Trevor Algatt directed End of the Cornfield. Check out our interview with Trevor and learn more about his experience directing the fiction podcast and his future projects.
What initially drew you to the project (End of the Cornfield)?
The depth, complexity, and richness of each character’s background really grabbed my attention. And the restless fire of youth juxtaposed with the simplicity of Small Town, USA made for such an interesting contrast.
As an actor, director, producer, and composer, you’ve worn many creative hats. In what ways do your other creative roles inform your work as a director?
It all kind of bleeds together. A little bit of knowledge about audio production, or some blog you read on the internet, or a song you love, a poem—these things might all feel isolated at first, but I believe everything we consume makes an impression on our psyches. And if we’re paying attention, relevant aspects of the journey will bubble up when we’re immersed in the creative process.
Just being open to life, paying attention, savoring the textures… that’s the richest source of all. A mentor once told me, ‘You have everything you need to be a brilliant storyteller by the time you’re 6 years old.’
And the most impactful art, I believe, always simply asks questions.
I do my best to let those concepts guide me.
End of the Cornfield takes place in a small, rural town in Ohio. How did the story’s location inform your direction?
It was a trip reading about the actual town—how small it really is! I’ve been to small communities like that for short periods of time, but never lived in one. I tried to put myself in the shoes of the people there: What do they love about this lifestyle? This place? What do they perhaps not love about bigger cities like Los Angeles or Atlanta or New York? Why raise kids there?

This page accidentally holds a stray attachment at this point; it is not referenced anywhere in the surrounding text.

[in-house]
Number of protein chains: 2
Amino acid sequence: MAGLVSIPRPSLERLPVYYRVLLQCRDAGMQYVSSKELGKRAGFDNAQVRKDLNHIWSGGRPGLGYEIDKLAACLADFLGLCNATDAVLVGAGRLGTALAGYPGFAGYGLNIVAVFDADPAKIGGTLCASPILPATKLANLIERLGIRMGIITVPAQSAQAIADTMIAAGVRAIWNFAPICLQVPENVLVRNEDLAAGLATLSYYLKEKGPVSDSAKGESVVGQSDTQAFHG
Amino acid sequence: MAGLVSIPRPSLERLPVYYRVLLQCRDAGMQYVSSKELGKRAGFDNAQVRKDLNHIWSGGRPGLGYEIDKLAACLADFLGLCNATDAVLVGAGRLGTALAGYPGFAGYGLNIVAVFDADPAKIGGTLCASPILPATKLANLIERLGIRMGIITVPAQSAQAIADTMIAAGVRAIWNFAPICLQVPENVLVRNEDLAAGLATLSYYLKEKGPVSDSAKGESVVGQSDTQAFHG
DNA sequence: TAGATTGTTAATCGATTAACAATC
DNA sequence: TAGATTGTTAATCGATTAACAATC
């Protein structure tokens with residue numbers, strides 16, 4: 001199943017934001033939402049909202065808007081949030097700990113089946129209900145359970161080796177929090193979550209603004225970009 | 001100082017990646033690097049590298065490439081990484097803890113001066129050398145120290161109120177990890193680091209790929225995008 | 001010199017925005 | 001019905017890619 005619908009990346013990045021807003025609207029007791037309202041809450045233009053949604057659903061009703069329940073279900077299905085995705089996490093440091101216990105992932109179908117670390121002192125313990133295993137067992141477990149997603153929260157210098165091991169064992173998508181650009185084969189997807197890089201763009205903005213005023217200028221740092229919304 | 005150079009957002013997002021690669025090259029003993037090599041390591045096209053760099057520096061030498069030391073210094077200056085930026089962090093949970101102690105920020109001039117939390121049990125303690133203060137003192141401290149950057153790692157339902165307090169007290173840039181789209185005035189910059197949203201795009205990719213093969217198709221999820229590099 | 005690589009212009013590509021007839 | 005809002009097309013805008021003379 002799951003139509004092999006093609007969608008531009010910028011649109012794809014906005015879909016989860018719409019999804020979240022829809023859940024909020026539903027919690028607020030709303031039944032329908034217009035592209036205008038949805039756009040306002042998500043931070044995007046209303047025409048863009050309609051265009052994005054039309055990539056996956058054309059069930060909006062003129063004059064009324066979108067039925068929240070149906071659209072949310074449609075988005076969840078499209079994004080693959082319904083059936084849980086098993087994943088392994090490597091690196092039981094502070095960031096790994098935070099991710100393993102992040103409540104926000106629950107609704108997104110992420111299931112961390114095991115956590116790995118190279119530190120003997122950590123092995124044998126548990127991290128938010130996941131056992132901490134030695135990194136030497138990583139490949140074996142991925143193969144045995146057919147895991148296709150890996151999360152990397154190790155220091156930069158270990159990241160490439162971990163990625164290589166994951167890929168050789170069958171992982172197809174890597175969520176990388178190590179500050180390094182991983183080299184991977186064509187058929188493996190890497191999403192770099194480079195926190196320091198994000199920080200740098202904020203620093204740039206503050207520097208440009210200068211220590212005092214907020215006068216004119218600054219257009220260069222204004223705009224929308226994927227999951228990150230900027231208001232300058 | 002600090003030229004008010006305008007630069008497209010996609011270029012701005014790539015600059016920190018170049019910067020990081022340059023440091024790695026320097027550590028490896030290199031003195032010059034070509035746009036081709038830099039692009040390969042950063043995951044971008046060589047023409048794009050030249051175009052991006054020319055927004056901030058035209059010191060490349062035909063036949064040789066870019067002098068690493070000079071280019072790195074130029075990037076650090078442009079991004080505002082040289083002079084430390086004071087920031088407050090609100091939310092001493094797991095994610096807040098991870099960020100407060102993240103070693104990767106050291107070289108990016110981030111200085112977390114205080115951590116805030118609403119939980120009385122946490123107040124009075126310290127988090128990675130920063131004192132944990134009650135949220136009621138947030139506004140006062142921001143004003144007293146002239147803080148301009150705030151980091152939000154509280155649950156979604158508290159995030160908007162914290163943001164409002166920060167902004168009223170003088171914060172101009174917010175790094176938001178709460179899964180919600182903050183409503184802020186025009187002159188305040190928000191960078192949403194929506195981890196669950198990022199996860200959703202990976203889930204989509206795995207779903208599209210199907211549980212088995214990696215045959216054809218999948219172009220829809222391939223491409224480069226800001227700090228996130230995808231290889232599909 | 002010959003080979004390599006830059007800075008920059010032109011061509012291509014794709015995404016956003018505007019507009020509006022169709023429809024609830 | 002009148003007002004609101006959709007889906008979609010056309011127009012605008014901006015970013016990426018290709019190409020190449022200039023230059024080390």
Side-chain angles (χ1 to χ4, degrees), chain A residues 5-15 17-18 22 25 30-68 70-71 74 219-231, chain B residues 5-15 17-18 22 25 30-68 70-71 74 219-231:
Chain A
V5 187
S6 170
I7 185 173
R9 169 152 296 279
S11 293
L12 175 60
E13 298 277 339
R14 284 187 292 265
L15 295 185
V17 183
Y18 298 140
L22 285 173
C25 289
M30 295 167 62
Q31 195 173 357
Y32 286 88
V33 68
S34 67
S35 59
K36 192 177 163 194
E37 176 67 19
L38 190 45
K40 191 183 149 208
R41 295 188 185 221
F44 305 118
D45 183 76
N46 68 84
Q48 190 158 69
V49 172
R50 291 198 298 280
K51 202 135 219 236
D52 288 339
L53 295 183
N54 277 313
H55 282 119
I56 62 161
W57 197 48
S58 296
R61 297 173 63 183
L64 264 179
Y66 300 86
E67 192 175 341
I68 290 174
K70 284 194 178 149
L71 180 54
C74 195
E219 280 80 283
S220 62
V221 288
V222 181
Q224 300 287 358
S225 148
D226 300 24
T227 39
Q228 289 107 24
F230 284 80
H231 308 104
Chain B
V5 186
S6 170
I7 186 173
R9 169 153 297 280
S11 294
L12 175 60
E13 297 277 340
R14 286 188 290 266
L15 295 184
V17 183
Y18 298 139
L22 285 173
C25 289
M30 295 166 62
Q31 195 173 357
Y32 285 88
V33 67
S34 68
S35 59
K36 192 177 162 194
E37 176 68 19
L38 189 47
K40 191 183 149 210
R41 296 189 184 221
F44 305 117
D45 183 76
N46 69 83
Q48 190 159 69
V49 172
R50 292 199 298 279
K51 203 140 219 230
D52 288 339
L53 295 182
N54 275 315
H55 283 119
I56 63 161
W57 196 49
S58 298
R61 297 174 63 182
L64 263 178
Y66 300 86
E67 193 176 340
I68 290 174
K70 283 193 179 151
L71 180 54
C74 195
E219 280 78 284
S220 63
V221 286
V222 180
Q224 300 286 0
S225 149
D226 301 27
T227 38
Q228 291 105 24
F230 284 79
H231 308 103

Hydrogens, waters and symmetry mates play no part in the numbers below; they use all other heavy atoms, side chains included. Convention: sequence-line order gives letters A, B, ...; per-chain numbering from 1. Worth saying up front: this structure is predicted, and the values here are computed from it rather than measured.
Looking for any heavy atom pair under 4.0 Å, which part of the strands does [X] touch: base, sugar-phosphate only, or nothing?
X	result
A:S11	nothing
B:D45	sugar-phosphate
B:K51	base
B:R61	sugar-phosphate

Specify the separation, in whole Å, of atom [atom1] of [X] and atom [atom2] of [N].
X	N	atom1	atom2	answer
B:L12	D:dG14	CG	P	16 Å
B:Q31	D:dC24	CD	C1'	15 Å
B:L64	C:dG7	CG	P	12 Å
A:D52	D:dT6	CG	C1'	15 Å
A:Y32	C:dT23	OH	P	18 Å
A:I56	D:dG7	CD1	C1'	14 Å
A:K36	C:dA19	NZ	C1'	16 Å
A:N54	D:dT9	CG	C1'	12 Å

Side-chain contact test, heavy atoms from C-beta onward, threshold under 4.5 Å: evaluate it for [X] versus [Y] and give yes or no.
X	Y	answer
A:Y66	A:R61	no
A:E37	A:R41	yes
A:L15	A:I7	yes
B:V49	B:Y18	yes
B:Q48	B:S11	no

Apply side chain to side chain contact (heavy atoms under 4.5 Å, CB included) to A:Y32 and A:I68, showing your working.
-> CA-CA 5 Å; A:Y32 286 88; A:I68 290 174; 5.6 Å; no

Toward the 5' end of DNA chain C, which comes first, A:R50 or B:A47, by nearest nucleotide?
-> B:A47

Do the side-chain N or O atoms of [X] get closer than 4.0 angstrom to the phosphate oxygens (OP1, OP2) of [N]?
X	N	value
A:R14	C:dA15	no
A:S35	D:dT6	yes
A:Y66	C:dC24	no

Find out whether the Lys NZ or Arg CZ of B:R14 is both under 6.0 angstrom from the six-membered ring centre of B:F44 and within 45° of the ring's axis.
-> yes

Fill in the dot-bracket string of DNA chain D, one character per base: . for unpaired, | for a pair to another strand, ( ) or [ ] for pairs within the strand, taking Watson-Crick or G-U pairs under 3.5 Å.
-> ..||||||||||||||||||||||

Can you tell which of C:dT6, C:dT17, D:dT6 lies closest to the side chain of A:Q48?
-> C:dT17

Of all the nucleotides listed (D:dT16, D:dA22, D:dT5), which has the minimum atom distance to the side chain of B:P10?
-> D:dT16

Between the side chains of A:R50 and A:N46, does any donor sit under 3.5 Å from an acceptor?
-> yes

From there, it gets easier to infer what the characters in the story might be rebelling against, and what their blind spots might be.
How do you even begin to break down a project as a director? What was your process like?
My only hard and fast rule is: read the entire script as soon as you can. From there, I try not to have a ‘system’ or process. There are so many variables that can throw a pre-made vision off track. It’s always been my belief that an effective director is really just a guide, a second set of eyes that can zoom out to that 30,000-foot view, and help shape the story as the ideas, perspectives, and uniqueness of the rest of the team all start to take root.
But it all starts with the script and honoring the writer’s vision as much as possible.
What was the recording process like?
It was fun! We only had a few Zoom sessions under our belt, so the actual recording was still a process of discovery. We went through each episode from start to finish once or twice, then went back and worked beats and sections, then typically did one or two more full-episode recordings before moving on to capture any one-off ‘efforts’ (heavy breathing, struggling sounds, etc).
What is your approach to post-production?
In general, it’s also pretty organic. This was a unique process because everything post-production is being done remotely. I took a few weeks to go through all the recorded audio for each episode, then assembled ‘skeleton’ passes for each one, using what I felt were the best takes, and making small edits for pacing and story beats. I sent those off to Abbey for a second set of ears, and uploaded the full audio project files to Google Drive.
Abbey has a wonderful instinct for finding collaborators, so the whole process since then has felt much more like a ride for me than anything else. Andrew’s theme music is just perfect—and I never even spoke with him!
And Joseff’s post-production, sound-scaping, etc have been an absolute treat to hear. Abbey and I share the philosophy that if the right team is in place, stepping back and giving room for everyone to bring their unique creative vision to bear (with a few notes and tweaks) almost always produces the best and most surprising results.
What are some of your upcoming projects?
A feature film I had a lead role in is premiering at Brussels International Fantastic Film Fest (BIFFF) in a few weeks, and we’re hoping to have good news about a domestic premiere (and sale!) soon.
I’m also working on some music—some personal music, as well as an album of meditation music for a project with a friend—and exploring photography, and auditioning (gratefully!) a lot.
But the biggest project is my 6-week-old son! Most difficult and most wonderful thing ever.
Favorite place in LA: Any place with smoothies
Favorite hike in LA: The John Muir Trail ruined all L.A. hikes for me. I thru-hiked it with a friend a few years ago, and nothing will ever compare.
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